Employee unions of Life Insurance Corporation (LIC) are staging agitations across the country against the government’s decision to divest part of its stake in the country’s largest life insurer.
On February 1, Finance Minister Nirmala Sitharaman announced during the Union Budget that the government will be going for a partial stake sale in LIC through an initial public offer in the next financial year.
While this decision was met with mixed reactions, three employee unions have decided to stage an agitation against the partial divestment.
On Monday, several employees gathered at LIC offices across India during their lunch break to protest the move across all 2048 branches, 114 divisional offices and eight zonal offices.
The joint forum of LIC's three major trade unions- Federation of LIC Class-I Officers' Associations, the National Federation of Insurance Field Workers of India and the All India Insurance Employees Association (AIIEA) are leading the agitations. In fact, prior to the budget announcement itself, the AIIEA had threatened to go on a flash strike in case the Centre announces the listing of LIC.
These three organisations reportedly represent nearly 90% of LIC’s total workforce.
According to S Rajkumar, General Secretary, Federation of LIC Class-I Officers' Associations, there is no reason for the government to want to divest its stake. LIC is currently one of the only profitable government organisation, which is known for its high standards in terms of claim settlement and policy servicing. It was founded in 1956 and with government's investment of Rs 5 crore then, LIC has given it a dividend of Rs 2,600 crore as of last year.
In such a scenario, employee unions say that there is no need to sell simply because the government needs money.
“This is people’s money that we have collected. Owner of the money in LIC is not the government, it’s policyholders. Even when we part with profit, we give only 5% to the government, rest we give to policyholders as a bonus. So how can the government take away the right of policyholders?” Rajkumar questions.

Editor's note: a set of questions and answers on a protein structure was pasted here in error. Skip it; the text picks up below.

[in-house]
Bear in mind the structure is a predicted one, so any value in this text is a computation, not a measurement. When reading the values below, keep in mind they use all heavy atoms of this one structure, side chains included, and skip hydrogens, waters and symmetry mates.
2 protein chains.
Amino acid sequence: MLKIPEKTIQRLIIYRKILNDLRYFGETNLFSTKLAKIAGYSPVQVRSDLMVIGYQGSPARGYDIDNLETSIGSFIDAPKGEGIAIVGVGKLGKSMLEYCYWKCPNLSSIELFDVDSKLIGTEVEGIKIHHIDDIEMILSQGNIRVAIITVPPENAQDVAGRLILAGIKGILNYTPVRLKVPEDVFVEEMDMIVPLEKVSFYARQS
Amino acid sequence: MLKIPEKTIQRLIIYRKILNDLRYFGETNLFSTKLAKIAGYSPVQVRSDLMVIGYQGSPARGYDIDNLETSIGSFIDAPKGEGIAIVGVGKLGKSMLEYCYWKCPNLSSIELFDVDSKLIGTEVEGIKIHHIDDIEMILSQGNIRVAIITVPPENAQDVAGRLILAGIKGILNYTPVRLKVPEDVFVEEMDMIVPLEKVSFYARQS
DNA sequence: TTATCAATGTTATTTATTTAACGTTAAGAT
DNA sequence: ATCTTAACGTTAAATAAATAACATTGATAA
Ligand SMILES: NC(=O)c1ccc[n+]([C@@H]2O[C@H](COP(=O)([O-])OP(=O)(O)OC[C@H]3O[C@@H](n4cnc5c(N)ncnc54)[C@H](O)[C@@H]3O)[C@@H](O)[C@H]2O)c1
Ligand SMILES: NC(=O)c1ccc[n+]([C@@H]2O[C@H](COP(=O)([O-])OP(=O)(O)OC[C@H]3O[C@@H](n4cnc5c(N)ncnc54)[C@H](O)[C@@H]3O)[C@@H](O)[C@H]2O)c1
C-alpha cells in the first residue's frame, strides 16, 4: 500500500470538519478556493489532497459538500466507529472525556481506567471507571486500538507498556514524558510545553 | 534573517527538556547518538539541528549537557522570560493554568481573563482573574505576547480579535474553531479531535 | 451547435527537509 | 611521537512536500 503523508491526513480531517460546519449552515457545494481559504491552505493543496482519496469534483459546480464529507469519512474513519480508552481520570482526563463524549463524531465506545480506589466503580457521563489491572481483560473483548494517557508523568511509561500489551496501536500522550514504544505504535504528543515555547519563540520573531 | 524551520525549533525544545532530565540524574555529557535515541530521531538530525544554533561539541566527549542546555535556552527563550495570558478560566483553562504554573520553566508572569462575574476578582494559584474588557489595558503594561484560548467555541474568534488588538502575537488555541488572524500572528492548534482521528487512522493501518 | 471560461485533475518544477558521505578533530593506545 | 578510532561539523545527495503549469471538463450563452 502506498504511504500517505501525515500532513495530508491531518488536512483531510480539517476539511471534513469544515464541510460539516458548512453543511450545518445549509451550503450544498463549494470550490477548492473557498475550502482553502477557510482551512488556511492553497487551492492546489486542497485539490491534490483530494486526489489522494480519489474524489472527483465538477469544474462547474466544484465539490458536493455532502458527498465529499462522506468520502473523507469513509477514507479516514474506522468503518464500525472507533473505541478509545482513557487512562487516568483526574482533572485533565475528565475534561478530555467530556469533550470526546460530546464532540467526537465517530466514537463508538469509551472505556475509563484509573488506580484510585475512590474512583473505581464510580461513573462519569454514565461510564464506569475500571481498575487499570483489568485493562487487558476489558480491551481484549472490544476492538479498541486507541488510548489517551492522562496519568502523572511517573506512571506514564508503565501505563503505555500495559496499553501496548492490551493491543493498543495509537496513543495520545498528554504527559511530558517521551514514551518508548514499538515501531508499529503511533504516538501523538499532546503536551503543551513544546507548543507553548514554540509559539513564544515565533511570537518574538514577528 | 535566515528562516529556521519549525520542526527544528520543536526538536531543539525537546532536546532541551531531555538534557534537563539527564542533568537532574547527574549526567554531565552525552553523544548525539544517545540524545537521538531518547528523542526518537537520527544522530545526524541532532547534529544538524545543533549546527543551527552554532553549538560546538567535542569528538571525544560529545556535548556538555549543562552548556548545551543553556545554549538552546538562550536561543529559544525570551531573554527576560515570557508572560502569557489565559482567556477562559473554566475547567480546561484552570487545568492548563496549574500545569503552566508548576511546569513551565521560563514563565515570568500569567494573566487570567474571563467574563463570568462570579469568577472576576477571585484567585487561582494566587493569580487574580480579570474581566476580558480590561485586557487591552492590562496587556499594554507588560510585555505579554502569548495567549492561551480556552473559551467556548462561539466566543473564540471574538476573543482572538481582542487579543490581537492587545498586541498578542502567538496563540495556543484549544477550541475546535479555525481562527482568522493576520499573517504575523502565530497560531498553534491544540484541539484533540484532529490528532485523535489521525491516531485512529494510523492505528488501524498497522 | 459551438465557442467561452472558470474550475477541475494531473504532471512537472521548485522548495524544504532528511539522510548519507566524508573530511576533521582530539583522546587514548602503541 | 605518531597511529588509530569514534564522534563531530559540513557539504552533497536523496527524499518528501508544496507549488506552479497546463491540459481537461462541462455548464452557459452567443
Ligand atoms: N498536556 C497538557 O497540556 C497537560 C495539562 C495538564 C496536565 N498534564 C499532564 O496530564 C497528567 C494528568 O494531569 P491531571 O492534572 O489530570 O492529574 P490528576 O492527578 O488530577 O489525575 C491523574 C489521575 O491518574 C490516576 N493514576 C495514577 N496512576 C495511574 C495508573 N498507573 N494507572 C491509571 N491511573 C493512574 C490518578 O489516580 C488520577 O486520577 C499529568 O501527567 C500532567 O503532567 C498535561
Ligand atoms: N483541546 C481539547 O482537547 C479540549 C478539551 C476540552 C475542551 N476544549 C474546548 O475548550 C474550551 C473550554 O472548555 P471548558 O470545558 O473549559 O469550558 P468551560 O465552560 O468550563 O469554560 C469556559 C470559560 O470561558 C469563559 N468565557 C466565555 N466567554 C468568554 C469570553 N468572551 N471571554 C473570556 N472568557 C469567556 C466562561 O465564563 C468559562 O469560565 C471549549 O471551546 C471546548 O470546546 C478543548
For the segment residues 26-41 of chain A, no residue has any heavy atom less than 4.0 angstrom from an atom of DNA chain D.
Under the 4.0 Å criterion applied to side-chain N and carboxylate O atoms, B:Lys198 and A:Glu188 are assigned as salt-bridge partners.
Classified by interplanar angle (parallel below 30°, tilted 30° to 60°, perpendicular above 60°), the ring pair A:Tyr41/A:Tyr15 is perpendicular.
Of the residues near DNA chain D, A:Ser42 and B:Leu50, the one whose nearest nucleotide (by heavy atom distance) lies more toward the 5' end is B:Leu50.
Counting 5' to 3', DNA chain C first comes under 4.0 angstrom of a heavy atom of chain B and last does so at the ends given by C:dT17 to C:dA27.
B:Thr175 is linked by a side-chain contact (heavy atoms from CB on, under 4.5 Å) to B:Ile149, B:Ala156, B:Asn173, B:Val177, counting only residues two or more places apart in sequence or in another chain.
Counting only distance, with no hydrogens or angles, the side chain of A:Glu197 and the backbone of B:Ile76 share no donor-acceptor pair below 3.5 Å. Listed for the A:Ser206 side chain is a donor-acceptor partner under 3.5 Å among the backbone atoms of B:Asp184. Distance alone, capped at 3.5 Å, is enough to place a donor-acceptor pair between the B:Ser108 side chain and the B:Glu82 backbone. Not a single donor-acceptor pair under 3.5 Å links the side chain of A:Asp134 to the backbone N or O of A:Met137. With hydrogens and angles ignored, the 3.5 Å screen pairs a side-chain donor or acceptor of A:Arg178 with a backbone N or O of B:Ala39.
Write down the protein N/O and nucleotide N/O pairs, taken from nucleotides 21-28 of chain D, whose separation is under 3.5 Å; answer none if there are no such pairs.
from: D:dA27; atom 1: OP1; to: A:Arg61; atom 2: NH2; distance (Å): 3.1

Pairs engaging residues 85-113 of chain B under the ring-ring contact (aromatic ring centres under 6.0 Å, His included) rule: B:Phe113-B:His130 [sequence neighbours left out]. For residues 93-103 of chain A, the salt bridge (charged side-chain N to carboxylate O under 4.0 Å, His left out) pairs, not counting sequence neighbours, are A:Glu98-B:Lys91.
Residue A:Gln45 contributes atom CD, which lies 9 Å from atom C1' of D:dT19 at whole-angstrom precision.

Rajkumar believes that the listing of LIC will adversely affect policyholders. Once LIC is listed, there will be more ‘owners’ of the company in the form of shareholders, which will mean that a portion of profits will have to go to them as well. This Rajkumar says, will reduce the bonuses that policyholders currently receive.
He also says that LIC has huge assets, nearly 10 times more than the book value. “If you put a conservative value and put a price on the share, this hidden wealth will be transferred to corporations and rich individuals. This means the money we collected from individuals for 60 years will be looted by the rich,” he claims.
However, Rajkumar says that there is no threat to employees from the company going in for an IPO.
“In fact, the government may give employees stock options, which might actually benefit us. But we are concerned about the impact on the country and policyholders,” he adds.
A protest is being held currently across all 2048 branches, 114 divisional offices and eight zonal offices of the LIC. At the Mumbai central office, B Humraskar, President, Federation of LIC Class 1 Officers' Association addressed a large gathering of LIC employees of the Joint front.
On Tuesday, employee unions will stage a one-hour protest again across all officers before their lunch break. Rajkumar says that post this, unions will meet again and decide the course of further agitations, where they will invite policyholders to join the agitations as well.